But Ratnavati refused to listen to him. The irony was that she had refused to listen to her father when he had advised her to accept one or other of the rich and noble suitors in the past.
“Let him be a thief, and let him be impaled. He is my husband. If you are anxious that I should be married, marry me to him. If it is beyond your capacity, I will gladly die with him. Change my mind. I can not!” the girl told her father.
These words were uttered with such determination that the merchant was utterly baffled. He ran to the King and said, “Your Majesty, permit me to buy the thief from you for a thousand million gold pieces. That is all I have.”
But the King was not willing to spare a man who robbed the city for so many days with such success. Having failed in his mission, Ratna-Dutt returned home with a heavy heart. He was surprised to find his daughter already in a bridal dress.
“The king would not give up the thief, my child,” he told her. “I promised to give him all I have, yet the King turned me down. The marriage cannot take place as you wish.”
“Well,” replied Ratnavati, “I have to burn with him on the pyre.”
Ratnavati got into a palanquin and started for the place of execution. Her parents and her relatives followed her in tears on her last journey. By the time they reached the site, the thief had already been impaled and was about to die.
Ratna-Dutt took his daughter to the dying thief and said to him, “Look, son. This is my daughter who has come determined to marry you.”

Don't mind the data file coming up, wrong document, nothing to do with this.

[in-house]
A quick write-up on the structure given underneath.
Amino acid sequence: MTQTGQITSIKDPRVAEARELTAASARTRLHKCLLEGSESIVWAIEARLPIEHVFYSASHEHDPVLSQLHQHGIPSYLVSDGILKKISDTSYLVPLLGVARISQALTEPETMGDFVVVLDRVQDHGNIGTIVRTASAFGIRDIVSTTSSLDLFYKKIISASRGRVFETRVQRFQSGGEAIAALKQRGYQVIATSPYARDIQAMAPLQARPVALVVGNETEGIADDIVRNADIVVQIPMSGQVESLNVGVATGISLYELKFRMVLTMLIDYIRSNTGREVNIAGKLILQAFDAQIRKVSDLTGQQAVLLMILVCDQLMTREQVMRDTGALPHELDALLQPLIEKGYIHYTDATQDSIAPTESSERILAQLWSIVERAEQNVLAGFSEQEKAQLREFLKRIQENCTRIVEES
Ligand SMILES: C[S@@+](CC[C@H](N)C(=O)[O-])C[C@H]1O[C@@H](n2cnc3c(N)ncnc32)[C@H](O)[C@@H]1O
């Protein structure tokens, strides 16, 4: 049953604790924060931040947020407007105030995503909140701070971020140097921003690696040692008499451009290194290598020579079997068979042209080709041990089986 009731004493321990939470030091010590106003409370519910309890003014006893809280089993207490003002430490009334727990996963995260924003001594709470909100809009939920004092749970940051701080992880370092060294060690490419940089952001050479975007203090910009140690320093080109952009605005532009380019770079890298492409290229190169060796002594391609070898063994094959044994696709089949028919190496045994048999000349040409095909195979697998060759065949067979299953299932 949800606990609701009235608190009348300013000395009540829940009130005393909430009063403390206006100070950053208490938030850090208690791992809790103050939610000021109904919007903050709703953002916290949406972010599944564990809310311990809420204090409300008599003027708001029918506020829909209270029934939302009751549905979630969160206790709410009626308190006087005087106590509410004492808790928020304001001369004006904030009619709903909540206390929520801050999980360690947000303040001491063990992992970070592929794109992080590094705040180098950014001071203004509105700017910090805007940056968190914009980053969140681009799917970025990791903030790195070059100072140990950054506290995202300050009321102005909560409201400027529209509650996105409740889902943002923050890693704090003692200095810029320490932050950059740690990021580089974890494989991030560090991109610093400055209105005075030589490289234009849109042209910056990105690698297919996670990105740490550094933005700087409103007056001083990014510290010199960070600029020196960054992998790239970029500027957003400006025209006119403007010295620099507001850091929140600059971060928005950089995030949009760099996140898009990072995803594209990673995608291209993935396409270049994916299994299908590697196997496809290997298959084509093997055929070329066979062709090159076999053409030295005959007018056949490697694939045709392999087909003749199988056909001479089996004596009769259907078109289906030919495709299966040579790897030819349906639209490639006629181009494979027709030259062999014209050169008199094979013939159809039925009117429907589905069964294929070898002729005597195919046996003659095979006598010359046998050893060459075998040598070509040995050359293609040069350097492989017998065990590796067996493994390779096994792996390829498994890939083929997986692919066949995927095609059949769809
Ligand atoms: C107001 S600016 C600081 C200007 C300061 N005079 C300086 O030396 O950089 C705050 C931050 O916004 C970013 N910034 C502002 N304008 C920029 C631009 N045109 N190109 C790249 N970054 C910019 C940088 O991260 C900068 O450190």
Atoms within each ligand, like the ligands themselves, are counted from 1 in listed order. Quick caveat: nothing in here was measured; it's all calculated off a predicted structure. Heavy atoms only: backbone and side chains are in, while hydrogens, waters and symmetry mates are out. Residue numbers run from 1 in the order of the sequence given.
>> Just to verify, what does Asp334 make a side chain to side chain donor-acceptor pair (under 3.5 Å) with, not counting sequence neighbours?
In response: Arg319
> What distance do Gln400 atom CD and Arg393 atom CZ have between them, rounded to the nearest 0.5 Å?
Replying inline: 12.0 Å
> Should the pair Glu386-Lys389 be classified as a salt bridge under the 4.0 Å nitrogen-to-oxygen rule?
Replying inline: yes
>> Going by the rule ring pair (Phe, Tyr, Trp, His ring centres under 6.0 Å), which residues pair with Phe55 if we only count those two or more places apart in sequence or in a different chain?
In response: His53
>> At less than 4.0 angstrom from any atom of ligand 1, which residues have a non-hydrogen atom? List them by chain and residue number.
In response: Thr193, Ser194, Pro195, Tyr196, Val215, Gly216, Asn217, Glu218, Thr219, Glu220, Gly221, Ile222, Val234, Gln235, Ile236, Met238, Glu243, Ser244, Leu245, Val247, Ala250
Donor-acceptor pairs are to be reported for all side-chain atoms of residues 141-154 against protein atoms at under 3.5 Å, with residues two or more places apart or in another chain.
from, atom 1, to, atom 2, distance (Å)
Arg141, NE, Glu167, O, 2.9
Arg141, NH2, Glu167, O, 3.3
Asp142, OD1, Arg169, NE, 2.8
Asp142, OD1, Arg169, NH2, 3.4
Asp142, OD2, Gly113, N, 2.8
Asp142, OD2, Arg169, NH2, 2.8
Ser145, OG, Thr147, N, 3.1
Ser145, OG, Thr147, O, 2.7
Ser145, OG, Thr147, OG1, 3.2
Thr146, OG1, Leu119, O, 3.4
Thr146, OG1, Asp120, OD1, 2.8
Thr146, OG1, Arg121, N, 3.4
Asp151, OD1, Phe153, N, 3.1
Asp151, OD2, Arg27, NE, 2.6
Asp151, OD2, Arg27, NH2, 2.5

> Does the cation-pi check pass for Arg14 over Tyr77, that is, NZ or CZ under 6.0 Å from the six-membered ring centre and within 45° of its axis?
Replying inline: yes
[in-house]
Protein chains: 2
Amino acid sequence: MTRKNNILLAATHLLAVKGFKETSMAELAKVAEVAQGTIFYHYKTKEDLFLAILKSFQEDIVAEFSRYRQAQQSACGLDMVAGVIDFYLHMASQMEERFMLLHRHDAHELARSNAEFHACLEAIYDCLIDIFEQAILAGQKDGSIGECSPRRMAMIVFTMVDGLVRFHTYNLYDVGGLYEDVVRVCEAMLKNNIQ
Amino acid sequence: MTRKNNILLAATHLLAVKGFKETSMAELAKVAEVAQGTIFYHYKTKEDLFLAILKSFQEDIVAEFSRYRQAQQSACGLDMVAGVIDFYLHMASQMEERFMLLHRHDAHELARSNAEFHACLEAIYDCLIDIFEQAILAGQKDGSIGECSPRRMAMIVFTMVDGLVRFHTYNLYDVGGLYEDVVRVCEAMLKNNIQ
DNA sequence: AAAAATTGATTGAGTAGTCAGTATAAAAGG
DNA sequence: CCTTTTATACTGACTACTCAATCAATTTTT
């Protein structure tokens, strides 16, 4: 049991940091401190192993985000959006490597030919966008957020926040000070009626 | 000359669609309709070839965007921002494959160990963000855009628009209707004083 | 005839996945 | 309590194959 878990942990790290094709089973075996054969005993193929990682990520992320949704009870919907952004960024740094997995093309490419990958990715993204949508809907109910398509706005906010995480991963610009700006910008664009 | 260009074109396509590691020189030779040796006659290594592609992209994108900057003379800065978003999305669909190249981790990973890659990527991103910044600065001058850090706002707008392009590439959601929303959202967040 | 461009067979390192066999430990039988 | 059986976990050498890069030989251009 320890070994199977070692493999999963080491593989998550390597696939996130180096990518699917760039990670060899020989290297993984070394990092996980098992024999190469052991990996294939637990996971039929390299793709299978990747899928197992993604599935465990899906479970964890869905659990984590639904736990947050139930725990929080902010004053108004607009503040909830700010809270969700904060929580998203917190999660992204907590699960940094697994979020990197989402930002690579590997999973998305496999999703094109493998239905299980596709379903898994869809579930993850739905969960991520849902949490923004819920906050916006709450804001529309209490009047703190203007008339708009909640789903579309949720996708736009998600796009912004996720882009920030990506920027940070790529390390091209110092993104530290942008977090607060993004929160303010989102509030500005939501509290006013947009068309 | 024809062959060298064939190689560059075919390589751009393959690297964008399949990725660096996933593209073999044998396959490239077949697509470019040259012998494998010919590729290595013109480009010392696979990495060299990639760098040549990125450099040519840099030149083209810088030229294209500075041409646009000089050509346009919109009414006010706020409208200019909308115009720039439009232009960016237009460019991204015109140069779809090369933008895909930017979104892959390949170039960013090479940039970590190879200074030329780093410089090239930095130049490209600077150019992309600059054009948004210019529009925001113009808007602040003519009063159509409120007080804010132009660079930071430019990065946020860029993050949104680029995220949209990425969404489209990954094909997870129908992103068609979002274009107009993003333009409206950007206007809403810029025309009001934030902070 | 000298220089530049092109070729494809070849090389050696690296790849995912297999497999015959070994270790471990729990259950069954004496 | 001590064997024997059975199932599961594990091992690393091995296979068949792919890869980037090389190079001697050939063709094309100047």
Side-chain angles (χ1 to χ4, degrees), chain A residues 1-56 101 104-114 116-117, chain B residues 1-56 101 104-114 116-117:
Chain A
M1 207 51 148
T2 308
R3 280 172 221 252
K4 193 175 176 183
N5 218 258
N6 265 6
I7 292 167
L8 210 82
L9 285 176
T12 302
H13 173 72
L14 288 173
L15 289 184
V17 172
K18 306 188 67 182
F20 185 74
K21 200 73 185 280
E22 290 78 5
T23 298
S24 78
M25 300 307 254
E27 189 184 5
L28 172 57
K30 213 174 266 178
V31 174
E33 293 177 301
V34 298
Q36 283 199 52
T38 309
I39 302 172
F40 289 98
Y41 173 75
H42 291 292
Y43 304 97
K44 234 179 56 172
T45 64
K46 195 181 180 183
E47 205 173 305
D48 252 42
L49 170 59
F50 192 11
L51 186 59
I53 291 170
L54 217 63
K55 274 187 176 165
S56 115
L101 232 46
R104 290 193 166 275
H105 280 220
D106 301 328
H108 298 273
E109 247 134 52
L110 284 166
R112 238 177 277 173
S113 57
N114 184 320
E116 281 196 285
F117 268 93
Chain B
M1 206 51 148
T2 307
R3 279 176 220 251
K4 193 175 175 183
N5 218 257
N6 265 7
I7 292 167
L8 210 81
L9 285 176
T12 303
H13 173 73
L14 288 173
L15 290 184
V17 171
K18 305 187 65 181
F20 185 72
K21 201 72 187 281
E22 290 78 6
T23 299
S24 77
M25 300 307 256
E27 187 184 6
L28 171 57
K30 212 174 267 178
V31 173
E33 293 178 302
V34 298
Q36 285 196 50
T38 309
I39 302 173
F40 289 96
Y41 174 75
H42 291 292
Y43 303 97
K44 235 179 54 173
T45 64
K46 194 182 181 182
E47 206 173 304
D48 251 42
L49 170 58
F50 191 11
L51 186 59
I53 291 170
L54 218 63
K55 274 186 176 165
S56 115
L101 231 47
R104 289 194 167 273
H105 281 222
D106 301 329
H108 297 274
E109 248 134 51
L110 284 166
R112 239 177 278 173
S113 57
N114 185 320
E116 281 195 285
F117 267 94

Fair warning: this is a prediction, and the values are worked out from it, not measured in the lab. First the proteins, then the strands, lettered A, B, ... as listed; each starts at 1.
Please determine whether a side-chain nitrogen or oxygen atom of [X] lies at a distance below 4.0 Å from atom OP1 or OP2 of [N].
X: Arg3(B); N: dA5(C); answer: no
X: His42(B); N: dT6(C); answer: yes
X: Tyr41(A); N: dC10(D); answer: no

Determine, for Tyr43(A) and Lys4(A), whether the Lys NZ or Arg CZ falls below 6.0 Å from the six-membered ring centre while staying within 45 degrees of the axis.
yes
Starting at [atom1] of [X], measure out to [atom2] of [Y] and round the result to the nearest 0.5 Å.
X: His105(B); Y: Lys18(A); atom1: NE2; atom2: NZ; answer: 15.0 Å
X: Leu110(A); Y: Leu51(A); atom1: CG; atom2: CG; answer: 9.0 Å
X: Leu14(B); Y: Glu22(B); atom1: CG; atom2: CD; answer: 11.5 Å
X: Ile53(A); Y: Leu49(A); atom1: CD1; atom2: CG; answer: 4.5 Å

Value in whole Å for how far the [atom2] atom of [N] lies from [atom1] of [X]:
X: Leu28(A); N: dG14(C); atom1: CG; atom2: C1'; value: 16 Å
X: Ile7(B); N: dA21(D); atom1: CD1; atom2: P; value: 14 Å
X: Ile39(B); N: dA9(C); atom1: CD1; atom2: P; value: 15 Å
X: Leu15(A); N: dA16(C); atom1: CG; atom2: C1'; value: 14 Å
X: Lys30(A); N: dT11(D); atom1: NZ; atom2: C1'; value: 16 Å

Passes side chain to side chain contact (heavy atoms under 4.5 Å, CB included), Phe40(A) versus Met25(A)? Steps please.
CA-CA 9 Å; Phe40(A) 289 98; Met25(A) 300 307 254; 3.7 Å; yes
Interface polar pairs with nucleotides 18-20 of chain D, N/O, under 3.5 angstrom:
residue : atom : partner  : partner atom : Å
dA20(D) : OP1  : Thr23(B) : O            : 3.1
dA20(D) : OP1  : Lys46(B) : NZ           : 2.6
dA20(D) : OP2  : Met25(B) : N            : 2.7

The thief took one look at the girl. He shed a few tears and then smiled. The next moment he was dead.
Ratnavati got the corpse removed to the burial ground. The funeral pyre was ready, and she mounted it with the corpse.
Kala-bhairav himself was amazed at the devotion of this rich and handsome girl to the man of her choice and her determination to be burnt alive with his corpse. He appeared before the girl and said to her, “Child, your devotion is exceptional. Let me grant you whatever you desire most.”
“Lord,” Ratnavati said, “I’m the only child of my parents. When I die, they will weep for me all their lives. Please grant them some sons so that they can forget me.”
Kala-bhairav smiled and said, “I grant your wish. But don’t you want something for yourself, child?”
“I’m dying with my husband. What more do I want?” Ratnavati replied.
Let me make you live with him,” said Kala-bhairav; the next moment, theif sat up as though he never died. The merchant took his daughter and the thief to his house and married them.
Bethal finished the story and said to Vikram, “O King, why did the thief shed tears first and later smile when he heard that Ratnavati desired to marry him when he was on the point of dying? Your head will be split if you know the answer and still do not reply.”
“The thief first shed tears of remorse,” Vikram replied, “because he was dying without repaying this unforeseen charity. Then he smiled at the idea of a rich and beautiful girl falling in love with him after rejecting all the princes and rich young men in the land.”
Since the King’s silence was broken, Bethal disappeared with the corpse and returned to the tree.